This chair not only serves to hold my can comfortably eighteen inches above the ground, it is a constant reminder of an exciting journey with wood. When I made the chair, nearly twenty years ago, I couldn’t seem to get my hands on a copy of Make a Chair from a Tree. But Jennie Alexander had just produced a video (available for streaming here) that covered the entire process. I bought the VHS tape from Drew and Louise Langsner at Country Workshops. I don’t know what I would have done without the resources and tools available through Drew and Louise.
Anyway, I watched that video over and over, compiling pages of notes and sketches. The whole process seemed magical, and Jennie was extremely encouraging. I could, indeed, build a chair from a tree. I made a shaving horse, simple kiln, and a slew of other things in preparation, all according to Jennie’s guidance. All of those things continue to serve me well in the shop. As I began to rive the white ash log into chair parts, the wonder of wood was reinforced in me and I was equipped with a whole new set of skills and understanding — and a chair!
I could go on and on about my gratitude for Jennie’s contributions, and I’ve written a bit about that here and here. This is just to say that Make a Chair from a Tree: Third Edition is available. It happened due to the efforts of Jennie herself, before her death in 2018, and the dedication of Chris Schwarz, Megan Fitzpatrick, Larry Barrett, Peter Follansbee, Drew Langsner, Brendan Gaffney, and many others who contributed to bringing it to fruition. They did a superb job. All the methods are clearly explained and photographed. The team effort is a tribute to Jennie’s influence and relationships.
It’s all in that beautifully designed package with the cloth cover in the photo above. A ticket to a new understanding of wood and your ability to make a strong, comfortable chair with simple tools. You’ll feel the truth in Jennie’s words, words that Peter Follansbee, having heard them often, reminds us of in the book: “Wood is Wonderful.”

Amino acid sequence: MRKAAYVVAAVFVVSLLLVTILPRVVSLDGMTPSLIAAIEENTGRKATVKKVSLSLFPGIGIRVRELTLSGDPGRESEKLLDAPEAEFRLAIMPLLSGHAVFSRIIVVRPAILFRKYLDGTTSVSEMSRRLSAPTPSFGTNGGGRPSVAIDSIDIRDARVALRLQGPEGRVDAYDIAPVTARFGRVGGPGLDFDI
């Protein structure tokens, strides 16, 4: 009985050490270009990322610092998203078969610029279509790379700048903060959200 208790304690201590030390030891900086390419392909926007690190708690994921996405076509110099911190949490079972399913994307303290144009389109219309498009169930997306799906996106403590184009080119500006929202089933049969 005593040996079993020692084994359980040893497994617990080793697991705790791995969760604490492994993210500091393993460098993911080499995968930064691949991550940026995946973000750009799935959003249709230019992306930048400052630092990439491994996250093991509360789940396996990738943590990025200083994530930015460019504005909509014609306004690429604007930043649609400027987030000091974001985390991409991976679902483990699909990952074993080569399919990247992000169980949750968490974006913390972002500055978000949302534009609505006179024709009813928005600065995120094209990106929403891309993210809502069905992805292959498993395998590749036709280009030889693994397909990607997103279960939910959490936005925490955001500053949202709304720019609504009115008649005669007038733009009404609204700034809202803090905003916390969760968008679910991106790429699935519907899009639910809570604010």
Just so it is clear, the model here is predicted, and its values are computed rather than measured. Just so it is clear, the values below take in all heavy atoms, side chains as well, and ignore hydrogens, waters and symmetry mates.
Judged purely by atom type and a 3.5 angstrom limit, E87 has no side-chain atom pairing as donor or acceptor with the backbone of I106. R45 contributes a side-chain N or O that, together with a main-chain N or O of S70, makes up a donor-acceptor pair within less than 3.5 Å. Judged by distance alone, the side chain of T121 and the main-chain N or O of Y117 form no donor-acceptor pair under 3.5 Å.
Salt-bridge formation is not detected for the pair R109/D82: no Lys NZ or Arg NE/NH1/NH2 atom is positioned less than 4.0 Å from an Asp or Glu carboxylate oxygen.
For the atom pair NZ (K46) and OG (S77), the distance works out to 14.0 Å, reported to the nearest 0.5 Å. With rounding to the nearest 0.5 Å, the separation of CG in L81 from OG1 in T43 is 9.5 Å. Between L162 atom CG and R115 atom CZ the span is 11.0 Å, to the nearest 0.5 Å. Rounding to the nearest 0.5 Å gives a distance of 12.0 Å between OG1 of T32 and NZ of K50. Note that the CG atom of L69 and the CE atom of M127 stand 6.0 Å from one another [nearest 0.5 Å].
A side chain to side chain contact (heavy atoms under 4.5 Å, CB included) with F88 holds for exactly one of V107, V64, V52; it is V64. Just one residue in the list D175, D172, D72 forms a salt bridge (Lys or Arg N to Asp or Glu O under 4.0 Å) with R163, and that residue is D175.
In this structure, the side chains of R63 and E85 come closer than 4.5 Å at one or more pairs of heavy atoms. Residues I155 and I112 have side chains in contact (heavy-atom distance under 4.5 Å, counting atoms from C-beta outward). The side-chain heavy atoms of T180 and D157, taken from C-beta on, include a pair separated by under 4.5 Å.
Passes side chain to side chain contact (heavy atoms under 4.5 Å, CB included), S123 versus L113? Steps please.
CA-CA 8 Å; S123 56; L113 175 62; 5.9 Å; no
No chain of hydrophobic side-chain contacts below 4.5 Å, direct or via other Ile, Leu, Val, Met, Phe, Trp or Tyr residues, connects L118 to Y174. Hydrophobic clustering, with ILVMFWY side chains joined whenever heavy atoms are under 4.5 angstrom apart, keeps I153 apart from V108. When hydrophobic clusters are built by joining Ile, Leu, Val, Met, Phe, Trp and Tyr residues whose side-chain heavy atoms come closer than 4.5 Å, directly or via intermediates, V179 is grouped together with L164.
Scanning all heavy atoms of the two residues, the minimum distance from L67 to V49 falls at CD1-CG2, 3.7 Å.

I’ll put a plug in for the revised version of Drew and Louise’s classic Country Woodcraft as well.
On Fri, Aug 6, 2021, 12:50 PM David Fisher, Carving Explorations wrote:
> Dave Fisher posted: ” This chair not only serves to hold my can > comfortably eighteen inches above the ground, it also is a constant > reminder of an exciting journey with wood. When I made the chair, nearly > twenty years ago, I couldn’t seem to get my hands on a copy of Mak” >
That’s another great one, Jed. Here is a post with links to that for those who may have missed it: https://davidffisher.com/2020/09/26/country-woodcraft-back-and-even-better/
Just received my copy, barely into the book and love it already!
Glad you’re enjoying it too, John. There is so much new and updated in this edition.
Similar to you, the video (plus the handy downlaodable appendix of templates and drawings of the various tools used to make the chair) and now the book have completely captivated me, Ive spent the last few weeks making the gauges, guides and tools needed to make this chair.
I used to think that working with wood and making furniture with modern power tools would produce a “better” piece because of the “accuracy” and repeatability that can be achieved. Thankfully before I got too far down the machinery rabbit hole I found Make a chair from a tree, Drew Langsner books and work and your work. This showed me that efficency and accuracy can be achieved with hand tools. The accuracy that is so lauded by the machinery manufacturers is really only a substitute for development of your skill, eye and understanding of the material.
What I got most from Jennie Alexander is the way she works with the wood. Not trying to force the wood to do anything beyond its limits, how she has used torsion, compression and the natural strengths of the wood to make a piece of furniture that will last a generation and longer.
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I do love this chair – I’m just finishing one myself